Nonetheless, in children with ADPKD who already received ACE inhibition, a prospective randomized controlled trial of pravastatin could show a significant reduction of height-adjusted kidney growth over 3 years [103]. There was also a non-significant reduction in left ventricular mass index, and kidney function was unchanged, as could be expected in a group with a mean creatinine clearance of 135 ml/min per 1.73 m2 over this time span. Despite this promising effect, and a plausible mode of action via the anti-proliferative, anti-inflammatory and anti-oxidant effects of statins (HMG-CoA reductase inhibitors), which improve endothelial function and increase kidney blood flow, no larger confirmative studies have been initiated. This is probably due to lack of financial incentives and because the results are less relevant to the much larger adult ADPKD population, where statins are frequently used for their well-documented positive effect on the rate of death and cardiovascular events in CKD [104]. With regard to kidney function in adults with ADPKD, two small randomized trials of statins show conflicting results [105, 106] and a recent post hoc analysis of large adult treatment trials did not show positive effects of ongoing (non-standardized) statin treatments [107]. In terms of safety of statins in children, there were no safety concerns in the 3-year ADPKD study with around 50 children who received pravastatin, but longer-term safety data are only available from a variety of small studies in children with hyperlipidemia (e.g., [108]). At least recent post hoc analyses are reassuring about the safety of combined use of tolvaptan and statins in adults [109].

The vasopressin 2 receptor antagonist tolvaptan is thought to reduce cyst growth by blocking the effect of arginine vasopressin on collecting duct cells, which otherwise transmits proliferative stimuli via cyclic AMP and promotes secretion of fluids into the cyst lumen via the cystic fibrosis transmembrane conductance regulator (CFTR) chloride channel. Clinically, tolvaptan causes the picture of renal diabetes insipidus with polyuria due to loss of free water. In a large randomized trial in adults (TEMPO 3:4), tolvaptan has been shown to reduce the rate of GFR loss as well as growth of total kidney volume in adults with ADPKD [90, 110] and has consequently become the first licensed drug for delaying disease progression, but only for adults with rapidly progressive disease. Difficulties of treatment include aquaretic side effects such as large polyuria, thirst and nocturia, which were experienced by over 65% of patients and led 7% to discontinue the drug [111]. Idiosyncratic liver damage is another issue, affecting about 1.2% of patients in TEMPO 3:4 and 3.7% in the extension study TEMPO 4:4. It appears to be a specific but reversible side effect in ADPKD which warrants regular control of liver function enzymes [112]. Another important unresolved question, which is particularly relevant to patients with early ADPKD, is whether the effect of tolvaptan really is sustained in the long-term. While it was continuous over the 3-year period of TEMPO 3:4, the follow-up study up to 5 years was not totally conclusive on this [113,114,115].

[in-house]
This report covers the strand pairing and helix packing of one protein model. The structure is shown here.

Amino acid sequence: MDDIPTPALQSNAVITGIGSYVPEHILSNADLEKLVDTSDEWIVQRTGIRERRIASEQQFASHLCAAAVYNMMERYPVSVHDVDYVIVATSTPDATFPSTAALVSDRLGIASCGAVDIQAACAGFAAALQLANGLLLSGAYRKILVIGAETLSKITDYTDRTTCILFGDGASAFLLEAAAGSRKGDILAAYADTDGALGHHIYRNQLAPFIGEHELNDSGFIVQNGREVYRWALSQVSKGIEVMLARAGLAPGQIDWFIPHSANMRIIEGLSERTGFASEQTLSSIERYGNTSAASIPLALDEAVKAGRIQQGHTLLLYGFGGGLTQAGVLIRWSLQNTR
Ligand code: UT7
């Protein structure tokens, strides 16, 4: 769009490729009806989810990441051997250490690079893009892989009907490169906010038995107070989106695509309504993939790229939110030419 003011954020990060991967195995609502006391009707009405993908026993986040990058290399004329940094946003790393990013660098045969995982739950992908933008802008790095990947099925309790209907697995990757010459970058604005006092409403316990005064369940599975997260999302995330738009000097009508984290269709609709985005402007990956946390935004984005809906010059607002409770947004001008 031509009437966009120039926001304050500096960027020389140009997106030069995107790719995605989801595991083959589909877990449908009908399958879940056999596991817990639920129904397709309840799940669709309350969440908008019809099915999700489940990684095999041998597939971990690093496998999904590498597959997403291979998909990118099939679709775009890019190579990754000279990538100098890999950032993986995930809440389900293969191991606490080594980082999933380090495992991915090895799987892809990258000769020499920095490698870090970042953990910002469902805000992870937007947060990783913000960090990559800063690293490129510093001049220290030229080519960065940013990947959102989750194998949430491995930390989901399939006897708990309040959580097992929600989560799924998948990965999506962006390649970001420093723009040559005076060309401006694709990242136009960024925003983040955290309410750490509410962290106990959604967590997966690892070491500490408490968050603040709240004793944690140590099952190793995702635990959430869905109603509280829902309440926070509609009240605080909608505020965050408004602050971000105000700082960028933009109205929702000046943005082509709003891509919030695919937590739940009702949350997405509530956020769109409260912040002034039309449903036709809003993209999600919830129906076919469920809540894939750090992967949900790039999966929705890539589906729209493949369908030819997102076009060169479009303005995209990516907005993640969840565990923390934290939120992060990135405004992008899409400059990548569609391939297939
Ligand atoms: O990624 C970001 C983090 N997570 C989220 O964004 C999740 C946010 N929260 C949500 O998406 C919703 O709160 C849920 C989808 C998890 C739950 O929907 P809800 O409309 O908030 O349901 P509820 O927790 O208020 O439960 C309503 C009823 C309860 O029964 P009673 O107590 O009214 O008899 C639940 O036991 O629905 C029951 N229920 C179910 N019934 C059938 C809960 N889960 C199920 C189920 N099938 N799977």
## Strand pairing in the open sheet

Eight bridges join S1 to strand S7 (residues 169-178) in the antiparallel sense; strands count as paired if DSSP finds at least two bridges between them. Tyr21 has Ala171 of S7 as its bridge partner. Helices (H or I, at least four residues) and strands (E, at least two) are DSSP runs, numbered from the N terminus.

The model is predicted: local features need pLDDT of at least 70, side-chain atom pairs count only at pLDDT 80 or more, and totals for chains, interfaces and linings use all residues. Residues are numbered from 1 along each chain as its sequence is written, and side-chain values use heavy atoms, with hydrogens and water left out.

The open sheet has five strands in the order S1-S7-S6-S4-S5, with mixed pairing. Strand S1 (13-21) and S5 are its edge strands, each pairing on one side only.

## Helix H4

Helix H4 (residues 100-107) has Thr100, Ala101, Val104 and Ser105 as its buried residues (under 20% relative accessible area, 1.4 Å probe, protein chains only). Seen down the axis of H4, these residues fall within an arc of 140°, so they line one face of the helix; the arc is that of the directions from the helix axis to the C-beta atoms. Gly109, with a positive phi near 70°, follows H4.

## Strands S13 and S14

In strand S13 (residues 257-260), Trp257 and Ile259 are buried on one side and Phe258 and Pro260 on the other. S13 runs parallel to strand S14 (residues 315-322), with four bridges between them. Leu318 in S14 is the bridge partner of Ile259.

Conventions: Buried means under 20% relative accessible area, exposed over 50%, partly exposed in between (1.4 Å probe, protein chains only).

From TEMPO 3:4, there is reason to believe that young patients benefit from tolvaptan too. Two post-hoc analyses in the subgroups of patients with CKD Stage 1 and in 18–24 year olds showed significantly slower growth of kidney volume with treatment compared to placebo [116, 117]. However, decrease of GFR decline was not significant in both. Patients with CKD 1 and 2 had less hypernatremia than those with CKD 3, and were not more likely to suffer liver damage [116]. Patients with CKD stage 1 had the highest rates of polyuria or study withdrawal due to adverse events [111, 116]. Results of the ongoing first pediatric study of tolvaptan in adolescents are therefore eagerly awaited and can be expected soon [118] (ClinicalTrials.gov identifier: NCT02964273). However, as an initial study, the primary endpoints have been defined as urine osmolarity changes and change in kidney volume is only a secondary endpoint. Further study will also be required to define which children are likely to experience rapid progression and would therefore benefit from treatment. The difficulty of this task is illustrated by that fact that for adults with ADPKD different definitions/ recommendations across the US, Europe, and Japan result in widely varying groups of eligible patients [119].